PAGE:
Review puts homes in firing line

Stack headache: A chimney that falls can cause a lot of damage, and threaten home occupants.
Stack headache: A chimney that falls can cause a lot of damage, and threaten home occupants.

Councils could force houseowners to reinforce their homes, including removing chimneys and unreinforced masonry, under sweeping proposals for quake-prone buildings from the Canterbury Earthquakes royal commission.

The commission's review covered the failure of 21 buildings in the February 2011 earthquake, resulting in 42 deaths. The PGC and CTV buildings were not part of this report.

It announced 36 sweeping proposals for earthquake-prone buildings throughout New Zealand.

It recommends commercial, public and multi-storey, multi-unit residential buildings be brought up to minimum standard within 15 years, down from the current average of 28 years.

Buildings with unreinforced masonry would be assessed within two years and strengthened or demolished within seven, the commission said, and local authorities would be given authority to force homeowners to repair hazards such as unreinforced chimneys.

Until now, single-unit residential buildings have not been required to meet earthquake standards.

But the commission said: "There are clearly some elements of residential building that pose hazards in earthquakes . . . and it is desirable that these should be made more resilient."

Although the Government insists it has no set position as a four-month consultation period begins, proposals from the Ministry of Business, Innovation and Employment challenge the commission's findings on key points. The ministry argues that owners of unreinforced masonry buildings should have the same 15-year time frame as other prone buildings, with no need for local government intervention in residential homes.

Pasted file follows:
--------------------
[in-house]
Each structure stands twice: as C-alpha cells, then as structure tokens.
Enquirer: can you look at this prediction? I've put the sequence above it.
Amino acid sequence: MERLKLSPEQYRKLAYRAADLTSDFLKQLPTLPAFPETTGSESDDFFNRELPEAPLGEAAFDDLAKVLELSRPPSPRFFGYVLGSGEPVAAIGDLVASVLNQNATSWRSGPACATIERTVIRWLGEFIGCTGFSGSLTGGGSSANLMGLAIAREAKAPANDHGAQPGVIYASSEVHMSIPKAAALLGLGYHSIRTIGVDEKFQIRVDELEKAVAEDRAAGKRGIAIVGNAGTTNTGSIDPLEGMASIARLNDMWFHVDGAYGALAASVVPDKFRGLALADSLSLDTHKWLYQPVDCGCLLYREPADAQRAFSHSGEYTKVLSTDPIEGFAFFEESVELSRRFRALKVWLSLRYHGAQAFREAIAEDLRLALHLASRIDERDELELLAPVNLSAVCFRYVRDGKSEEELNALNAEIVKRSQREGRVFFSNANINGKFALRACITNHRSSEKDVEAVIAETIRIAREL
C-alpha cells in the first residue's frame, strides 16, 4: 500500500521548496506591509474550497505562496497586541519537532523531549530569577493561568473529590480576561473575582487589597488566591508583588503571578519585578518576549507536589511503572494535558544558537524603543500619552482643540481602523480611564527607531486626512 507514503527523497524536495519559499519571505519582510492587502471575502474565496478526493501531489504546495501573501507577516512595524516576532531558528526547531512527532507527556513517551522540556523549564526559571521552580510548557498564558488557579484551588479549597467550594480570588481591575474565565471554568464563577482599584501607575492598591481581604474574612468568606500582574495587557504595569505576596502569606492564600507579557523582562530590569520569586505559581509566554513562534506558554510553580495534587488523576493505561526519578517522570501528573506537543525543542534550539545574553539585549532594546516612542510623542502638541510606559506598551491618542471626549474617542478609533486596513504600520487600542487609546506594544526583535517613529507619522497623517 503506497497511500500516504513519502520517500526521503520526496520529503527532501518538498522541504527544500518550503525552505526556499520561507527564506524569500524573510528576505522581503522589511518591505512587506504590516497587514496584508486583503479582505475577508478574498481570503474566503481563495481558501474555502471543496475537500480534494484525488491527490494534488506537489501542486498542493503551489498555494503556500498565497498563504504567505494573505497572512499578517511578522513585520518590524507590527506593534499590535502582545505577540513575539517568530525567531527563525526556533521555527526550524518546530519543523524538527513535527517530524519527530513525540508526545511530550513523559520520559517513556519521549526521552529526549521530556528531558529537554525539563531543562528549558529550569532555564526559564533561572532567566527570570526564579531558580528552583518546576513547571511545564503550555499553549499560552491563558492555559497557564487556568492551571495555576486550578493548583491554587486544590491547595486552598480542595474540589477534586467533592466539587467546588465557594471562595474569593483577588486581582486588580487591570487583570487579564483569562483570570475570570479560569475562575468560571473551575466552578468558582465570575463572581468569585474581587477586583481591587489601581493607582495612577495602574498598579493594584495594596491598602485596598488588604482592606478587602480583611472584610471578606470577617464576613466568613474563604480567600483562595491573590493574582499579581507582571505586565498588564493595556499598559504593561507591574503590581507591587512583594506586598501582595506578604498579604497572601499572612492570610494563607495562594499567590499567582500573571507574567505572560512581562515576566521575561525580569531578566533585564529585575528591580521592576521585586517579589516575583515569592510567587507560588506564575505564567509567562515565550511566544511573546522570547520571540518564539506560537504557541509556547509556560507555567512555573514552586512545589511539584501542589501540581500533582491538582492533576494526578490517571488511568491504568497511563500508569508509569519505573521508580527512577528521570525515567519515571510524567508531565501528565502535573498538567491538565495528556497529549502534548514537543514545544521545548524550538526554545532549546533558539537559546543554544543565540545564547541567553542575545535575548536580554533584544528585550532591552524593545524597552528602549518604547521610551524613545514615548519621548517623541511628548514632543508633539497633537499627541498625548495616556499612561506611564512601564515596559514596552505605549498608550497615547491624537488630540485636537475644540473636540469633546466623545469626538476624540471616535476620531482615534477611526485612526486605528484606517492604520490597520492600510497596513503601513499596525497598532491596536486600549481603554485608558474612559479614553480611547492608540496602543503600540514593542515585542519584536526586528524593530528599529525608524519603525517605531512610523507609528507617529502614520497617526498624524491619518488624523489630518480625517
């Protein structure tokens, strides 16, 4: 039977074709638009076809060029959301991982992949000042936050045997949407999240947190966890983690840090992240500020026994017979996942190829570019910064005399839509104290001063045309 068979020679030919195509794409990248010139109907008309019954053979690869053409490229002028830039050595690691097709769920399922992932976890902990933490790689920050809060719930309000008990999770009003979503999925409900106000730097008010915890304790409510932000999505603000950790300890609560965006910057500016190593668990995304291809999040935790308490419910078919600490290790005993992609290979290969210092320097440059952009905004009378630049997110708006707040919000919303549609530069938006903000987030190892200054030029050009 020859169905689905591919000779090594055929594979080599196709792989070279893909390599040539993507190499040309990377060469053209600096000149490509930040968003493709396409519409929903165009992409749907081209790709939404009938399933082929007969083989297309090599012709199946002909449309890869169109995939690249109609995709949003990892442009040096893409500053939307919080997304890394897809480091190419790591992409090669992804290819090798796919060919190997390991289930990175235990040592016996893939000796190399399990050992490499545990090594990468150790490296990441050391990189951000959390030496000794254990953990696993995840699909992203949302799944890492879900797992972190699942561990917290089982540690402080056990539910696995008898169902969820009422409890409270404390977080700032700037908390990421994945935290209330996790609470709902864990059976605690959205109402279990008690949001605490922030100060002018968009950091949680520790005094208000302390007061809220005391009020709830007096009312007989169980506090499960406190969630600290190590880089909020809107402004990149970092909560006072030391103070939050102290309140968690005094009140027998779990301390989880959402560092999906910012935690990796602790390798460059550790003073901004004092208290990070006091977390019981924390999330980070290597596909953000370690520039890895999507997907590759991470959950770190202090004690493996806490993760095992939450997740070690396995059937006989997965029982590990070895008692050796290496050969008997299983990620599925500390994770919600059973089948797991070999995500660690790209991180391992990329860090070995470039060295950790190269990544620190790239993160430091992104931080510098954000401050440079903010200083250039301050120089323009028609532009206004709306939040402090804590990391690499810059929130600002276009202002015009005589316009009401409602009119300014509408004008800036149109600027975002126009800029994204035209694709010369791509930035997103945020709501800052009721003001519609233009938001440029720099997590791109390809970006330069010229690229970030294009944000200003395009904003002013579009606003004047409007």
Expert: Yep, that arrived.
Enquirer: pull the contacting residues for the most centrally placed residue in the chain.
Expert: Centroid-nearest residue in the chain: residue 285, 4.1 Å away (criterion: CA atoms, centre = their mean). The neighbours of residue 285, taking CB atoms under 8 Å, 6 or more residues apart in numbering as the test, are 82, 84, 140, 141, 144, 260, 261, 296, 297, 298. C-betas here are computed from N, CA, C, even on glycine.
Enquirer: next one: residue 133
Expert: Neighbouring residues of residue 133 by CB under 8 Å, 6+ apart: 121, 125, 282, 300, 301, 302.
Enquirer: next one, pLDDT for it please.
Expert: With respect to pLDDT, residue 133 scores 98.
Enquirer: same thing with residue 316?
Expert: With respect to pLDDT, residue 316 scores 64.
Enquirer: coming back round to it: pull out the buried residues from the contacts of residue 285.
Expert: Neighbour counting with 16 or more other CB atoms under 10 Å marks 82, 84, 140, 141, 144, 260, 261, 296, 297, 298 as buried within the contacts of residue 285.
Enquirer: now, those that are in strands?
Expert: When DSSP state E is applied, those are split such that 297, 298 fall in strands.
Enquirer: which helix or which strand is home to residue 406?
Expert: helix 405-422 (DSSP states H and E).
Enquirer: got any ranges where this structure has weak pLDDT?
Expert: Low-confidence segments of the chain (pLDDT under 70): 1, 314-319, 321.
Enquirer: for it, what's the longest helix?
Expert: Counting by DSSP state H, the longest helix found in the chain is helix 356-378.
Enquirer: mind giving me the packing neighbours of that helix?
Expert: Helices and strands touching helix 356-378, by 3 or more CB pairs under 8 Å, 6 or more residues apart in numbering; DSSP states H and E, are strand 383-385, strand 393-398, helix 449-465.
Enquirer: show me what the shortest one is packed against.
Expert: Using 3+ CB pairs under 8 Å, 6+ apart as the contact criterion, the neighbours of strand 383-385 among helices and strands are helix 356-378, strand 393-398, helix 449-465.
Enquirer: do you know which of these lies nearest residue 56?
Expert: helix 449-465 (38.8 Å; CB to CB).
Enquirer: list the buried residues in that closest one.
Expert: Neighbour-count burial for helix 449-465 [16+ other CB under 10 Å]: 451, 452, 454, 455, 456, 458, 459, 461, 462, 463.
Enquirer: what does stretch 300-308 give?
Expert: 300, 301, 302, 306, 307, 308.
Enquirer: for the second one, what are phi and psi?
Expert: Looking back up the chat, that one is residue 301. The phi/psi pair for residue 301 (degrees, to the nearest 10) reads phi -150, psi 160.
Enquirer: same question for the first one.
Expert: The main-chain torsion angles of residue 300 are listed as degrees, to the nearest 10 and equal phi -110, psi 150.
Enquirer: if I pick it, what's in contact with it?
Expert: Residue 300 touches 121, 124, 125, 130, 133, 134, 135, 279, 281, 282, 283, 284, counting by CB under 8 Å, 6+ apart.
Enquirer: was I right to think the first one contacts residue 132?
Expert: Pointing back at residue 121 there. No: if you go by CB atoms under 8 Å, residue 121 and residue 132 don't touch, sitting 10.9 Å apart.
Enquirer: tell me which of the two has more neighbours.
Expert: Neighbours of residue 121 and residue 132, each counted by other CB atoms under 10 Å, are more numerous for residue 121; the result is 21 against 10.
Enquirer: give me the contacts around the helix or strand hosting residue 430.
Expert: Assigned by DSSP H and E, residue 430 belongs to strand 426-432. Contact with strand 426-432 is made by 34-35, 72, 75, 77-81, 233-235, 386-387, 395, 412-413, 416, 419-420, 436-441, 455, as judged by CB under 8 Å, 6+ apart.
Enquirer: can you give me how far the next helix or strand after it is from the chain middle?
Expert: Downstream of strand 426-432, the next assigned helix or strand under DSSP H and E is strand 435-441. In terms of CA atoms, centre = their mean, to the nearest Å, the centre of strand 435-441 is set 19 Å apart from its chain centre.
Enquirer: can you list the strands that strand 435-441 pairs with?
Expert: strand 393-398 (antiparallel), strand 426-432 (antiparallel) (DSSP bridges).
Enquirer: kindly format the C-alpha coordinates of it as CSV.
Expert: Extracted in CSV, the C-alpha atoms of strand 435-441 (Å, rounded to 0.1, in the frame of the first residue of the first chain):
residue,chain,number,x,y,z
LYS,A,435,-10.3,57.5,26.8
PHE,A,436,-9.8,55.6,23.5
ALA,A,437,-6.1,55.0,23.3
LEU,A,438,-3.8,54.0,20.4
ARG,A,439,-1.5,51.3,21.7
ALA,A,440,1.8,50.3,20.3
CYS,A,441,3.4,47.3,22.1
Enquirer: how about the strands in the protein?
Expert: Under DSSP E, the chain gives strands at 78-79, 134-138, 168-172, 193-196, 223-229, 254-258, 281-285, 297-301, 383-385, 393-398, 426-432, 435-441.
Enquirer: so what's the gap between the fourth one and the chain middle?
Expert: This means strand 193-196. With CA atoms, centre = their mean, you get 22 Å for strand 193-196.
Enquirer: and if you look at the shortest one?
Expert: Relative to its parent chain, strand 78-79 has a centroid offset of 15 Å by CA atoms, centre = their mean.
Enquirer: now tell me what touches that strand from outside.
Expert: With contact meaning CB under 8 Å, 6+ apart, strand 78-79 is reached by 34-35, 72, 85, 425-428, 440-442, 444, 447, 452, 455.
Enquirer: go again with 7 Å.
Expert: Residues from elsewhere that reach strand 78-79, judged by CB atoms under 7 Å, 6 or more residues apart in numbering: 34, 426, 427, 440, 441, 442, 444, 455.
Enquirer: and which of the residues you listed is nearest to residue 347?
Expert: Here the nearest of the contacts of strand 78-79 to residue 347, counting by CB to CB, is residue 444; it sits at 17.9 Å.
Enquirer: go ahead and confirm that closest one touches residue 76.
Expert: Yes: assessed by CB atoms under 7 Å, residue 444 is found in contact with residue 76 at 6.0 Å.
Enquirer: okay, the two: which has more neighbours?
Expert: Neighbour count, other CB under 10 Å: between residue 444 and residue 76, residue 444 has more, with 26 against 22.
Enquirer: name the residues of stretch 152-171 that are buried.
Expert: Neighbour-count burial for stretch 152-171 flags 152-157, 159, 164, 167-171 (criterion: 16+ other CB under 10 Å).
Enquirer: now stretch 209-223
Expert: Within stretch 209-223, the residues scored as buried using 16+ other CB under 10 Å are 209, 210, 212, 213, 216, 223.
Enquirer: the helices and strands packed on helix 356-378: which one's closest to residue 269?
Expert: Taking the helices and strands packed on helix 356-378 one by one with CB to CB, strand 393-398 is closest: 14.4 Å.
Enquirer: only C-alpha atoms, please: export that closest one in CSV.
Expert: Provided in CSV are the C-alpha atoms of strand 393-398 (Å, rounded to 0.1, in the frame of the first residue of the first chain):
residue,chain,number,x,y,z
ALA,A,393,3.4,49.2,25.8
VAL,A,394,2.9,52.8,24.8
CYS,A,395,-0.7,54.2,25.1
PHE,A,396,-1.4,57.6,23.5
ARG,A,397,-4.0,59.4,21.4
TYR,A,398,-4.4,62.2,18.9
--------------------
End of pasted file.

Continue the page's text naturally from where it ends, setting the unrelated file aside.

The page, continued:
This has left some Cantabrians badly hurt or affected by earthquakes disappointed.

Bev Edwards, who was paralysed when the building she was in collapsed in the February quake, said 15 years was "a very long time, especially if we continue to have earthquakes".

"Would they want their family in a building that hasn't been strengthened?" she said.

Robert Gilbert, who lost his 22-year-old son, Jaime, in the February earthquake when the Iconic Bar collapsed on the corner of Manchester and Gloucester streets, said the more lenient time frames were potentially "appalling".

"Since that day I've asked myself, why did my son have to die? The only thing that held the pieces together is maybe some good will come of it and we will learn something.

"It just defies belief that the Government would ignore those very strong recommendations to save lives," he said.

Building and Construction Minister Maurice Williamson, however, offered families of those killed or injured in the earthquake an assurance that no "final position" had been taken.

Differences between the commission and ministry could be resolved, he said.

The Government expected a lot of public feedback. "If I was a family member having lost someone, I would want it to be done tomorrow so it never happens again. In a perfect world, I would love to do it within weeks," Williamson said.

"In the end we've got to be reasonably pragmatic and reasonably sensible because, if we went for the gold standard on all of our buildings, we'd actually be bankrupt as a nation."

Crucially, the current threshold for earthquake-prone buildings, often referred to as 34 per cent of the new building standard, will not be raised - a point agreed by both the commission and ministry.

Increasing the standard to 67 per cent of code would cost $12 billion over 15 years, Williamson said, while the current proposals would add just $700m to the existing $1b strengthening bill.

The new standards affect 15,000 to 25,000 buildings, although Williamson admitted the figures were "appallingly rubber".

Only 23 of 66 local councils were able to give the Government an assessment of their own building stock.

The Press